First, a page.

The Global Problem
It is important to put AIA’s US numbers into context. According to a Korn Ferry Future of Work: The Global Talent Crunch report shortages will result in a talent deficit of 85.2 million workers worldwide by 2030 in three major areas –technology/communications/media, finance and manufacturing. It predicts a massive shift in industrial development overseas – specifically to India.
“By 2030, all countries except India face deficits in highly skilled labor in the sector. By 2030, Brazil could suffer manufacturing worker deficits of 1.7 million, while Indonesia could see worker shortages reach 1.6 million. In the United States the deficit is expected to increase over the next decade, reaching a 2030 shortfall of 383,000 such workers, equivalent to more than 10% of the highly skilled workforce. Japan, the No. 3 manufacturing economy, could fail to realize $194.61 billion by 2030 due to severe labor shortages in this sector, the highest amount of any country analyzed, representing 3% of the country’s entire economy.
But A&D can’t send its work offshore since defense-related contracts require US citizens with security clearance.
In manufacturing, Korn Ferry said, “The shortfall of Level A workers could equal 21% of the highly skilled workforce of the 20 countries in our study. India is the only country analyzed that can expect a talent surplus, driven by a burgeoning working-age population. This global skills shortage could result in $8.452 trillion in unrealized annual revenue by 2030—equivalent to the combined GDP of Germany and Japan. A global talent crisis could cost nations trillions of dollars in unrealized annual revenues.”
“The talent crunch – an imminent skilled labor shortage affecting both developed and developing economies – could ultimately shift the global balance of economic power by 2030 if left unaddressed,” Korn Ferry said. “The United States alone could miss out on $1.748 trillion in revenue due to labor shortages, or roughly 6% of its entire economy.”
Automation Will Not Solve Workforce Problems
Manufacturers hoping technology such as robotics will dig us out of the problem will be disappointed.
“Innovations in artificial intelligence and machine learning are driving automation, and the people-tech partnership promises enhanced productivity across every industry,” Korn Ferry reported. “But in a separate 2016 study, Korn Ferry found traditional firms already struggle to find the digital talent they need to keep up with customer demand and transform to more digital operating models.
“While 67% of CEOs believe technology will be their chief value generator in the future of work, they cannot discount the value of human capital. Even companies using more robotics foresee a growing need for human talent with advanced skills for example, redeploying people from the factory floor, where robots can perform repetitive work, to the research laboratory,” Korn Ferry’s Great Talent Crunch study continued. “The problem, however, is the mismatch between technological advances, including automation, artificial intelligence (AI), and machine learning, and the skills and experience workers need to leverage these advanced tools. Technology cannot deliver the promised productivity gains if there are not enough human workers with the right skills. What we found is that global growth, demographic trends, underskilled workforces, and tightening immigration mean that even significant productivity leaps enabled by technological advances will be insufficient to prevent the talent crunch.”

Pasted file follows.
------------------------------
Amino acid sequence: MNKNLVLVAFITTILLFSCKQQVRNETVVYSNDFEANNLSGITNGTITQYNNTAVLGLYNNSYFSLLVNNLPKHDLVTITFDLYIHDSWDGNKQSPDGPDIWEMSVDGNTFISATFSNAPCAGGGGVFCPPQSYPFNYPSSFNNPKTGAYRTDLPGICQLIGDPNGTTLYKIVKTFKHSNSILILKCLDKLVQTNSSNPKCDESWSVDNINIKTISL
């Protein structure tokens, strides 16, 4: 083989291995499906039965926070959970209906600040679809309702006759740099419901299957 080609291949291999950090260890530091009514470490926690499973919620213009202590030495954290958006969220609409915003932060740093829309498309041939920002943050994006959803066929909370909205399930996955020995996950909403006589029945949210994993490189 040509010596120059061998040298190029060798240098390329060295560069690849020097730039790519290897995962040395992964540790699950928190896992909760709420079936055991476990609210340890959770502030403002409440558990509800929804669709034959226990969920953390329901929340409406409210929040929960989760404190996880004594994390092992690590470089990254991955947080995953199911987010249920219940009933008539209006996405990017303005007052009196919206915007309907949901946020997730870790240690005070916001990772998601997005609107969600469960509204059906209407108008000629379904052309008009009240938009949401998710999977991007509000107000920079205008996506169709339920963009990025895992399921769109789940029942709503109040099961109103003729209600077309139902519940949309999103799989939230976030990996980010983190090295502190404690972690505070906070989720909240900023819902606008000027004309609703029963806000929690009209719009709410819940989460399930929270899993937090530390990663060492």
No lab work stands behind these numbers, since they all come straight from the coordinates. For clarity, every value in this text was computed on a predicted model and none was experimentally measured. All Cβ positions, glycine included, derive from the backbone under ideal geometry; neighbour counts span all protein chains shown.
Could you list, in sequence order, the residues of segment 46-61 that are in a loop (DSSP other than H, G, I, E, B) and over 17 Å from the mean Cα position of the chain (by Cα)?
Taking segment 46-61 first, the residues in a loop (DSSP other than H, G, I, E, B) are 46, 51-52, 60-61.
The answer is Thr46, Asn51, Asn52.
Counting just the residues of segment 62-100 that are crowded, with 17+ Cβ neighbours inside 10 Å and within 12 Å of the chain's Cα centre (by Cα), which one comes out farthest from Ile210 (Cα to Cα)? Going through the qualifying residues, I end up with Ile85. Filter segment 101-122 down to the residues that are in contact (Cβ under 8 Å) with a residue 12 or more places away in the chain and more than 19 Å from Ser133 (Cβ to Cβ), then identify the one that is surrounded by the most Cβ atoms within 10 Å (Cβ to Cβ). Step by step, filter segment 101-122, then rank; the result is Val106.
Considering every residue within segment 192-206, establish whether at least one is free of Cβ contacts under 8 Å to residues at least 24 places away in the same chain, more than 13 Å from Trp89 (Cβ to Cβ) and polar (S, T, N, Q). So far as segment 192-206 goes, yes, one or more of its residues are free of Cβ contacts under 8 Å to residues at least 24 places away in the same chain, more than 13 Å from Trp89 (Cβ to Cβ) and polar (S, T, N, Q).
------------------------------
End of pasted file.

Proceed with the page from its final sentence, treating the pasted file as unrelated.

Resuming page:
Manufacturing Needs Rebranding
FA/AW News reported on the hundreds of programs designed to attract more people to the industry and to increase STEM literacy beginning in Pre-K. Coupled with annual federal appropriations for STEM education, typically in the range of $2.8 billion to $3.4 billion, according to a Congressional Research Service report, we shouldn’t have a problem attracting talent.
But AIA cited the erroneous but popular image of manufacturing as “dirty and dangerous.” It is equally about competition.
“Today more than ever, aerospace and defense recruiters compete for talent among candidates who also have skills highly-coveted in Silicon Valley,” said the organization, citing the Aviation Week 2015 Workforce Study.
But it is not just Silicon Valley, it is automotive, oil and gas and even financial industries that are looking for the high-tech talent so necessary in aviation/aerospace.
What is needed is a tool about the advanced technology that surpasses anything Silicon Valley is doing, something FA/AW News hopes to do. A tool that would discuss, as AIA pointed out, new technology that puts the industry on the leading edge of the future including virtual prototyping and 3D printing for jet and rocket parts on the International Space Station, and for advanced aircraft materials and design.
GE is already ahead of the game on creating those tools, with advertising campaigns and TV programming sponsorships that showcase STEM innovation.
Several trends are converging that could perhaps turn the tide in manufacturing’s favor including the cost of higher education. In addition, manufacturers have partnered with community college partnerships to meet their needs which attracts students from their local communities. There has also been growth of career & technical education (CT&E) which reaches down into high school to recruit new talent.
Perhaps, most importantly, is the interest of parents – especially in working class and middle-income populations – in creating alternate strategies for their children’s college education.